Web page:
One of the most beautiful and least known poetical flowerings of that outpouring of youth and art we call the 60’s was, arguably, a journey on foot around Mt Tamalpais, in Marin County north of San Francisco. This honoring of “the quiescent one,” this circumambulation, a walk completely around the mountain, following with our feet the way of the sun, from bottom to top and back again, was a brilliantly ceremonial idea first tried by a Buddhist monk and two important poets from the 1960’s.
According to the history of this formalized journey — “Opening the Mountain,” by Matthew Davis — the walk grew out of the famed San Francisco demonstration in Golden Gate Park known as the “Human Be-in,” which apparently went extraordinarily well, and inspired those at the gathering to think of other new forms of socializing. Participants went on to events like Monterey Pop, the march against the war in Cambodia, and Woodstock.
But to me this relatively modest day-long journey on foot, from the redwoods of Muir Woods to the manzanita around Inspiration Point, from the soft loam of the deep forest to the rocky peak of the lookout tower and back again still stands as one of the purest and sweetest expressions of that mixed-up era. (When the book arrives I’ll quote and link to a poem Gary Snyder wrote for the occasion and I think you’ll see what I mean.)
At ten points on the mountain the original journeyers — Philip Whalen, Allen Ginsberg, and Gary Snyder — stopped to honor a place on the land. The first such example was a substantial lichen-speckled boulder split by a sturdy oak, draped with moss.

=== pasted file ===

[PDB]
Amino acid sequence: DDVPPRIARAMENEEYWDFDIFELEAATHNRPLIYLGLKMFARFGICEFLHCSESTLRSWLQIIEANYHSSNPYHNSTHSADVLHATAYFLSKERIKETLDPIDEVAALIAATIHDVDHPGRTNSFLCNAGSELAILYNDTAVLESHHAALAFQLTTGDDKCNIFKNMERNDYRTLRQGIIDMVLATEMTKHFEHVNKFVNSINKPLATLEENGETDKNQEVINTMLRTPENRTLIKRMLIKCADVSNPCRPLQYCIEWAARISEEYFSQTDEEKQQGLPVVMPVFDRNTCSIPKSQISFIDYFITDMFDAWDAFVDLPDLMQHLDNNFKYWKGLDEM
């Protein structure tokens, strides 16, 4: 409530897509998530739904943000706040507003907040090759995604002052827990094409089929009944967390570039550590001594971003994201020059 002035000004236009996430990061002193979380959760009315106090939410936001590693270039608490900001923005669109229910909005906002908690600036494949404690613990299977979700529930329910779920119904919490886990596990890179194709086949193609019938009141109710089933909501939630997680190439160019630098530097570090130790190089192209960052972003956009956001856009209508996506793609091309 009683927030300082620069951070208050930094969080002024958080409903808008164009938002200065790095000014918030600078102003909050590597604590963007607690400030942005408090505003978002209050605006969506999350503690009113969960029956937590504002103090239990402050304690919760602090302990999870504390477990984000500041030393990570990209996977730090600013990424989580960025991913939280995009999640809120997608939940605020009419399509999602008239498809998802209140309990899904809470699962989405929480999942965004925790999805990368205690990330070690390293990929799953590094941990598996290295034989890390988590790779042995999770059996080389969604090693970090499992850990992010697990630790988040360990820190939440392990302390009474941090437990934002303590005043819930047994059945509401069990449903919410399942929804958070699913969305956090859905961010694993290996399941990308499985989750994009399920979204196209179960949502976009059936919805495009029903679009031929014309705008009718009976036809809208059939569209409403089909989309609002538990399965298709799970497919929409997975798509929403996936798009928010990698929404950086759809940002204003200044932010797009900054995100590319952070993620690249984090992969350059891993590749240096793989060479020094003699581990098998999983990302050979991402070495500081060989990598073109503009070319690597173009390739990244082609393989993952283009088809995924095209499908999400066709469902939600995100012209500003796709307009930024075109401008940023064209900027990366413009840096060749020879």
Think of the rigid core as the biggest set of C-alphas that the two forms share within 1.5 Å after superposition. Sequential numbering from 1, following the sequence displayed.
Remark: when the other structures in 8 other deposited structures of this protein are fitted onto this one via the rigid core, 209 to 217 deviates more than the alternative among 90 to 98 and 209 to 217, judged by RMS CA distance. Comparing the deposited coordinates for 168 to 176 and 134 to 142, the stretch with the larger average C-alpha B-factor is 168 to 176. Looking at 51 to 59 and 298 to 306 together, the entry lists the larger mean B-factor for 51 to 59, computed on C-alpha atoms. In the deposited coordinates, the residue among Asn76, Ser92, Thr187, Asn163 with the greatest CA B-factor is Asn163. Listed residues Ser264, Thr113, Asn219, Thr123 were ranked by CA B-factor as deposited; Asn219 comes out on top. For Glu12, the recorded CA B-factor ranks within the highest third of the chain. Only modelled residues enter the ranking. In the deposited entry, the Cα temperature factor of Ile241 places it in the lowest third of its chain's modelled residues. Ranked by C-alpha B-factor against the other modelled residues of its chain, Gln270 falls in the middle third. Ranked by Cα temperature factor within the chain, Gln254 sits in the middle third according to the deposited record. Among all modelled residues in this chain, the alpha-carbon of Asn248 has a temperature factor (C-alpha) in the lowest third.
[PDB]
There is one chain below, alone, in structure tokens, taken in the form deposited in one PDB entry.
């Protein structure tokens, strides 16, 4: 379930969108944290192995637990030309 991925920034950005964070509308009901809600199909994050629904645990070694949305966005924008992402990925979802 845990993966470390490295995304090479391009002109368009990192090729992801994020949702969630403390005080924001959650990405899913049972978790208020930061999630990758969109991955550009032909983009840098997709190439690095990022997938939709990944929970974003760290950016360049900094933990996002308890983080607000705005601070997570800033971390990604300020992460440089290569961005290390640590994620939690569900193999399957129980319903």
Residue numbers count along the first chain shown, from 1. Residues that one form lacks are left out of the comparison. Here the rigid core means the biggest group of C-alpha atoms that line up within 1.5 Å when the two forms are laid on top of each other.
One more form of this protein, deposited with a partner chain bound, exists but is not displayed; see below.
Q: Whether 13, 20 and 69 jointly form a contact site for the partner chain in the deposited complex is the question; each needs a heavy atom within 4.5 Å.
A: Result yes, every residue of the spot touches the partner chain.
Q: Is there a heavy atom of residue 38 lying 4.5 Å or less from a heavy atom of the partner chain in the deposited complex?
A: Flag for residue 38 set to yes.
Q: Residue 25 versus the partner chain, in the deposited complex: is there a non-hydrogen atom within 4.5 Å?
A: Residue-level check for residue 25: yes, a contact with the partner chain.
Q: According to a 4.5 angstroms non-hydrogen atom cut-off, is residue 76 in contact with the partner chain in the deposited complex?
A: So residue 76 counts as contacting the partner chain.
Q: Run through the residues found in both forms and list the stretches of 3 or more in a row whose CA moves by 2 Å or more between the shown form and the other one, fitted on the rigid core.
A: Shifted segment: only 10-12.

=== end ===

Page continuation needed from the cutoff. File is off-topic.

My companion, I’m happy to say, was my indefatigable friend John Chiosso, who had the sense to bring the book. He wondered, reading the book before the walk, if we would recognize the first “glorious one.” Would a small tree growing out of a rock be easily visible? (It’s a reasonable question: some other notable sights on the trail — such as lone redwood on a ridge — have in fact vanished. The lone redwood is now lost in a forest of Douglas Firs.)
But Tree Rock was never in doubt: we saw it at a glance. I think all the sites in the book were recognizable to our eyes, and yes, even quieter sites — a mossy grove, perfect for lingering for tea, or dappled sun, or what have you — felt irresistible. We often (if not always) read the chants to these “glorious ones” along the way. We walked from dawn to dusk, and as the light rose we came up out of the dark woods near the sea to the hard rock and gnarled chaparral around the peak. Beauty surrounded us from start to finish, as varied and exuberant in its worldly way as a melody. John will testify so, if you don’t believe me.